THE SUICIDE ACADEMY by Daniel Stern

THE SUICIDE ACADEMY

By
Email this review

KIRKUS REVIEW

The Suicide Academy's one of those vanguard infernos like Stephen Walton's No Transfer and while the intention here is not quite as clear, this is also a cool, catchy, subterranean parable. The academy is one of many institutions where people who live in the ""jungle of yes and no"" come to exercise the final option. Engaged in the attempt to save bodies and souls is its director, Wolf Walker, a Jew. Most of the superficial action here is set off by the arrival of Jewel (once Walker's wife) and Max, ostensibly to make a film, although before long Walker has every reason to believe they are signing in as guests and he has every hope of salvaging Jewel. However the main content of the book is in presenting various death-directed aspects of modern civilization via paradoxes and antitheses(the Jew--the ""ultimate masochist"" questioning his Jewishness; a Negro strafing his blackness; etc., etc.) The book, a little like life, is what you make of it-cosmic hieroglyphics? startling conjectures? relevant referrals?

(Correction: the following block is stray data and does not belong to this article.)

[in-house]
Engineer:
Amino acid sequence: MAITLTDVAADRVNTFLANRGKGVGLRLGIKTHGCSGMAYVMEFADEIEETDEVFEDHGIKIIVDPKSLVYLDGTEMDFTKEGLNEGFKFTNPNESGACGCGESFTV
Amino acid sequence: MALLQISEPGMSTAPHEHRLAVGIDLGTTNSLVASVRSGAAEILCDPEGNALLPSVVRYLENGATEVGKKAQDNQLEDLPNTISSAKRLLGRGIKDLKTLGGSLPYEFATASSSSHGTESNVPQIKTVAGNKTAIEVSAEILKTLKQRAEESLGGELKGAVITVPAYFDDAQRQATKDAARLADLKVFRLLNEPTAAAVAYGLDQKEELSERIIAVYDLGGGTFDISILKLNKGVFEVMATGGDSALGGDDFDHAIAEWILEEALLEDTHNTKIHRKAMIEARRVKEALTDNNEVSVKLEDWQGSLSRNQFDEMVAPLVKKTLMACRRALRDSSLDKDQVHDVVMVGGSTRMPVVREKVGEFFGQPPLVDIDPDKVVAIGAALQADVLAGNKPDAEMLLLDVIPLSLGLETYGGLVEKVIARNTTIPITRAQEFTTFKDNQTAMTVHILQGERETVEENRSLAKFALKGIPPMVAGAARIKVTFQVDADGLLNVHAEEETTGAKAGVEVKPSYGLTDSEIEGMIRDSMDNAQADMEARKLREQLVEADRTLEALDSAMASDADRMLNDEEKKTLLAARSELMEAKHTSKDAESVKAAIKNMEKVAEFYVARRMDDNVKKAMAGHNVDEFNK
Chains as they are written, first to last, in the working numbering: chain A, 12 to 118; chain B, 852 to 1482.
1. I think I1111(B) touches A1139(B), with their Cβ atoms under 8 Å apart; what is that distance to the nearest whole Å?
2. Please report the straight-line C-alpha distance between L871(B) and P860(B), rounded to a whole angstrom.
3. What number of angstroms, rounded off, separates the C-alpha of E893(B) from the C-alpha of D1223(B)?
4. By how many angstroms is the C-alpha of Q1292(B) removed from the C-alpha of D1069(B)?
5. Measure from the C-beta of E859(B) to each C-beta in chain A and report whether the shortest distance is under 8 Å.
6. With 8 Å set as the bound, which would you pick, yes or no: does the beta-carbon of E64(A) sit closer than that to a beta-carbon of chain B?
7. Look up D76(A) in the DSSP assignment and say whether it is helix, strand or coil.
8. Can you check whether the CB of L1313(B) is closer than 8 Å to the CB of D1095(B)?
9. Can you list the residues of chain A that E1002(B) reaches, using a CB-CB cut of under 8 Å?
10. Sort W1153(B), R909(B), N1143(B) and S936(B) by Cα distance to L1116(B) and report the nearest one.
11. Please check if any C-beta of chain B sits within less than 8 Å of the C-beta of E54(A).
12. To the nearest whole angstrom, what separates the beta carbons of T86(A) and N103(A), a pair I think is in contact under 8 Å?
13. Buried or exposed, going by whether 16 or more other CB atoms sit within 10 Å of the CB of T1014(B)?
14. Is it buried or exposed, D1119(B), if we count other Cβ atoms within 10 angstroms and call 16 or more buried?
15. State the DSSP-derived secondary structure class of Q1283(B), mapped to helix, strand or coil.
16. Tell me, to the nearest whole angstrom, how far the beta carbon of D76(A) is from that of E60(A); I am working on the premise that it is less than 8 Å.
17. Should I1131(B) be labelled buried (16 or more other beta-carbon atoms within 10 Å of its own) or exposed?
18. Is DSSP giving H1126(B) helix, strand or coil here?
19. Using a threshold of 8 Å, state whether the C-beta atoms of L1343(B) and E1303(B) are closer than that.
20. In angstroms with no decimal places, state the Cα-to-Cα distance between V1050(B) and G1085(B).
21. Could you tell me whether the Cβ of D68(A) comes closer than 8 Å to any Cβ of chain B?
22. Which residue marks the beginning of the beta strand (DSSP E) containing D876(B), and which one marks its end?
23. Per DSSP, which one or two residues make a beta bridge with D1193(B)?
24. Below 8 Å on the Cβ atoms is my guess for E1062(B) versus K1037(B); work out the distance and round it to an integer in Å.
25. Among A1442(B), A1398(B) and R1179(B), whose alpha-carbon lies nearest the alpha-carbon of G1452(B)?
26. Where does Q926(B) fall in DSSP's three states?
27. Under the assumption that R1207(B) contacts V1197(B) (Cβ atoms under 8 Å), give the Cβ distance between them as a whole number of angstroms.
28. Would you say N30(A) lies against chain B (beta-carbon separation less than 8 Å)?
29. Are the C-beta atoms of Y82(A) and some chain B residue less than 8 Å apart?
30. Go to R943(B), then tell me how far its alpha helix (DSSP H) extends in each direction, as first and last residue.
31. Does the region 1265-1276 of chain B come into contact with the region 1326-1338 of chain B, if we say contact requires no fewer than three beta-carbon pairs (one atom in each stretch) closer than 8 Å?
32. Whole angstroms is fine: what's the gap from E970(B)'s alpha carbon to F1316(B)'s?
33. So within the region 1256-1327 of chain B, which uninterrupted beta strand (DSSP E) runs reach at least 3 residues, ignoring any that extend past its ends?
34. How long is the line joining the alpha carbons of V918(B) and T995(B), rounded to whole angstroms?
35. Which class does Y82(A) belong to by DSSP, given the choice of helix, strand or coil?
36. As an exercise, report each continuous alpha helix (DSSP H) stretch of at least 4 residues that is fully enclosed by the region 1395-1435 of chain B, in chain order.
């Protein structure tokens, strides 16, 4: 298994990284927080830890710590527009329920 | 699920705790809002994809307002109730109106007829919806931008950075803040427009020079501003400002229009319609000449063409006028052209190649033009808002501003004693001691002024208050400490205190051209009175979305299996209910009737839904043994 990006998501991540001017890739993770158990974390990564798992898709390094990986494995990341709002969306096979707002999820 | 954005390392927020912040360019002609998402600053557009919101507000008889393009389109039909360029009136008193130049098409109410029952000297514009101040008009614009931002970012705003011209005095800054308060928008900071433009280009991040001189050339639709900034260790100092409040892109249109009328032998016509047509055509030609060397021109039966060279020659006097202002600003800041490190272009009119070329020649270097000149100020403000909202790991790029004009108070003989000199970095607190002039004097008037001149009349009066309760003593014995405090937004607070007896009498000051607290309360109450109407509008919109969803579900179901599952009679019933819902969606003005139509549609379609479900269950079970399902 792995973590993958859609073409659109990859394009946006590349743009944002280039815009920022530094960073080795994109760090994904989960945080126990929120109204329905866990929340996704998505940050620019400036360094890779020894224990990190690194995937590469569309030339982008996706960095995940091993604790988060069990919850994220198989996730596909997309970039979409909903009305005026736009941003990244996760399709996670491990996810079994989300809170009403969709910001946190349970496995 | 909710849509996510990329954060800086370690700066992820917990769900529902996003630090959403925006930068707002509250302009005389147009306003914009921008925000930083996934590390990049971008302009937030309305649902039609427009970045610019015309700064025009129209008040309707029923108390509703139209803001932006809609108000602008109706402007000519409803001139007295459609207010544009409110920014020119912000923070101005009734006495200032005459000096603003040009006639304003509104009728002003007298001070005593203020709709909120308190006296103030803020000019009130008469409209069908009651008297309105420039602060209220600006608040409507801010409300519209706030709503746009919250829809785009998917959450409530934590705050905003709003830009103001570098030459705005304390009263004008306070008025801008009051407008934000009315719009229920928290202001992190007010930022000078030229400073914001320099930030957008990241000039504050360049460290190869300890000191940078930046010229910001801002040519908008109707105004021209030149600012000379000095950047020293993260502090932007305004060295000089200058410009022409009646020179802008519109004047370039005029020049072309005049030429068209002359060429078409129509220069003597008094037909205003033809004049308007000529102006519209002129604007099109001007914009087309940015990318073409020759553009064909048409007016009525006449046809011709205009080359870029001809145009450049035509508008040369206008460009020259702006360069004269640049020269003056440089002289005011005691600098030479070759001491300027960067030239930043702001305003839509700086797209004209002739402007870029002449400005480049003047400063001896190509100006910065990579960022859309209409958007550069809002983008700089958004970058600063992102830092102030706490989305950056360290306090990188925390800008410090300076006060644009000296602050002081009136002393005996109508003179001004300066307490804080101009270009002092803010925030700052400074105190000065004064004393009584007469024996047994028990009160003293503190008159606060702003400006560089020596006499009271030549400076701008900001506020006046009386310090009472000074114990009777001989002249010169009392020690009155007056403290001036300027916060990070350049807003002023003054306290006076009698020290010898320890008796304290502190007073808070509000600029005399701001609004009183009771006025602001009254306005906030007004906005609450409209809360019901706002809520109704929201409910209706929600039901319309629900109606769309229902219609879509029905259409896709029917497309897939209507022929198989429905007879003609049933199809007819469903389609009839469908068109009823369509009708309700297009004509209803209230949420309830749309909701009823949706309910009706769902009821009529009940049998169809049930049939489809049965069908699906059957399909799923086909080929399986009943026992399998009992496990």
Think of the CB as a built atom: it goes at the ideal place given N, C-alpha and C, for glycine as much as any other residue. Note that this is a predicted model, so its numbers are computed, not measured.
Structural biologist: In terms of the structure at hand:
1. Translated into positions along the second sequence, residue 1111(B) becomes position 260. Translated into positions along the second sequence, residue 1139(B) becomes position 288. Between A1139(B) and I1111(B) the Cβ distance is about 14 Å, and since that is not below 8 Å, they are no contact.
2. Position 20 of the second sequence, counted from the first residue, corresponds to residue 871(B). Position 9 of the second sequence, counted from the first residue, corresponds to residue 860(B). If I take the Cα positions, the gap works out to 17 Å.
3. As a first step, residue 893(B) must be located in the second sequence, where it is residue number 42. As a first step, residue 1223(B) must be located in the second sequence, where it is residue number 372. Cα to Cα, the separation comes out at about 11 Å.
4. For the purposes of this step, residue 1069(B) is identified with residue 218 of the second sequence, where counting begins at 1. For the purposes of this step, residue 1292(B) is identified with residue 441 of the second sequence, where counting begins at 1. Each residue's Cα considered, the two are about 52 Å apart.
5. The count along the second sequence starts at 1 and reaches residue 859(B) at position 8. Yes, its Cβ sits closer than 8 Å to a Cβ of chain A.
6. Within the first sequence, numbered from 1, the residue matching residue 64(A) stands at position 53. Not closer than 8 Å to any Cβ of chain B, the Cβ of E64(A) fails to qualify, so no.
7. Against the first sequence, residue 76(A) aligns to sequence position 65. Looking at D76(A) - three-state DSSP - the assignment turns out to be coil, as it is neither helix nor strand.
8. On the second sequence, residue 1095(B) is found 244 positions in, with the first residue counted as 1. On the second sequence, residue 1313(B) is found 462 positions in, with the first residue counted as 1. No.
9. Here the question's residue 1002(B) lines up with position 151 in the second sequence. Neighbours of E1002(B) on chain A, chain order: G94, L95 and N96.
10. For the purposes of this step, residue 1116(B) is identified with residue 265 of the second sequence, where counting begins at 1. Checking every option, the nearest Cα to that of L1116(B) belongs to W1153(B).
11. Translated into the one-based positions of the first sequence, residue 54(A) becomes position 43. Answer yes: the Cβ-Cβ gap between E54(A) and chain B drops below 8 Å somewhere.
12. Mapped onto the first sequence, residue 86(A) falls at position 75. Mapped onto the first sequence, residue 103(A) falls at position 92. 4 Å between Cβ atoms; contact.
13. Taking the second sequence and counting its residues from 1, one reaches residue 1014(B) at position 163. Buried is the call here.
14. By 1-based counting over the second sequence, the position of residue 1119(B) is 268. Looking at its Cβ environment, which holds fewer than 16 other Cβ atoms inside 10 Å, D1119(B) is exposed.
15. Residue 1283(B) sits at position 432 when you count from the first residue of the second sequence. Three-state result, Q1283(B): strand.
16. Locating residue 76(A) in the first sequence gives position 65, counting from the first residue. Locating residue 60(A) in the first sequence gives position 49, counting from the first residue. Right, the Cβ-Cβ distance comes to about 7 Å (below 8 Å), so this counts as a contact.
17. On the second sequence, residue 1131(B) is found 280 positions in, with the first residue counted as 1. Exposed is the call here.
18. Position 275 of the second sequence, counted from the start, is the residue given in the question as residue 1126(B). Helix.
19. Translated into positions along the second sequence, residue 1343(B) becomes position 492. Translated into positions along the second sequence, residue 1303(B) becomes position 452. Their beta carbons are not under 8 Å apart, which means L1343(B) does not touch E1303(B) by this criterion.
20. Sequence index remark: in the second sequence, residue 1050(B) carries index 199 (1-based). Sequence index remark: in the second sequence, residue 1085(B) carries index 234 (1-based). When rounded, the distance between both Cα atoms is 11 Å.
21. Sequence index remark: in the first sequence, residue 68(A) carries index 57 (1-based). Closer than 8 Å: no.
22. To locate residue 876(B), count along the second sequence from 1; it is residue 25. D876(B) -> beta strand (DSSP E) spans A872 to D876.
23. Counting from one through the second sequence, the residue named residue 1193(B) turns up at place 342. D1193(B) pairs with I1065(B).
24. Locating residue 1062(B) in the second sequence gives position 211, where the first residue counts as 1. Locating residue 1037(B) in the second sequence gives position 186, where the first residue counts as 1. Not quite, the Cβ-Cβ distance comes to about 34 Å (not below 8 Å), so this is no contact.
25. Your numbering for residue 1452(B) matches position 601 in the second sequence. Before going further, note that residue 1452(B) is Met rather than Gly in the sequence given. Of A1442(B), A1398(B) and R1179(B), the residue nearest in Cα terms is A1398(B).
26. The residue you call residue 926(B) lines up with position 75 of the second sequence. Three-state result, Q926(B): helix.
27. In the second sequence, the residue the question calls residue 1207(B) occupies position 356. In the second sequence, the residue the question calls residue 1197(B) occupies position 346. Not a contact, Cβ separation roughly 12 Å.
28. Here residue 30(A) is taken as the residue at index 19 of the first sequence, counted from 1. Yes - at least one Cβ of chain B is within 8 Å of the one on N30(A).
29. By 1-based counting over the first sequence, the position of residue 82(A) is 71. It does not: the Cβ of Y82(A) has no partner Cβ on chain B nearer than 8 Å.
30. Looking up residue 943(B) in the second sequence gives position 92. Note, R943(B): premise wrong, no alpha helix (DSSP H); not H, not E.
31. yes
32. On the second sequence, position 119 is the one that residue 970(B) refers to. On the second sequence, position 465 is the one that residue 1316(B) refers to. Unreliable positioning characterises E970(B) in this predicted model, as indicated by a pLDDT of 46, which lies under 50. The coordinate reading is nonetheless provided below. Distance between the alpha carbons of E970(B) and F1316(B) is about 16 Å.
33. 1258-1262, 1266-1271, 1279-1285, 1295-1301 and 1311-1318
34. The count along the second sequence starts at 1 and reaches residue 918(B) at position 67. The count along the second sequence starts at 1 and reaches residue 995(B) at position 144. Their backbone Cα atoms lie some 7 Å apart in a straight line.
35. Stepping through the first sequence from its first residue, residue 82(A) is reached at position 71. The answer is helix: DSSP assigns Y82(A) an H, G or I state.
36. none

Pub Date: Sept. 3rd, 1968
Publisher: McGraw-Hill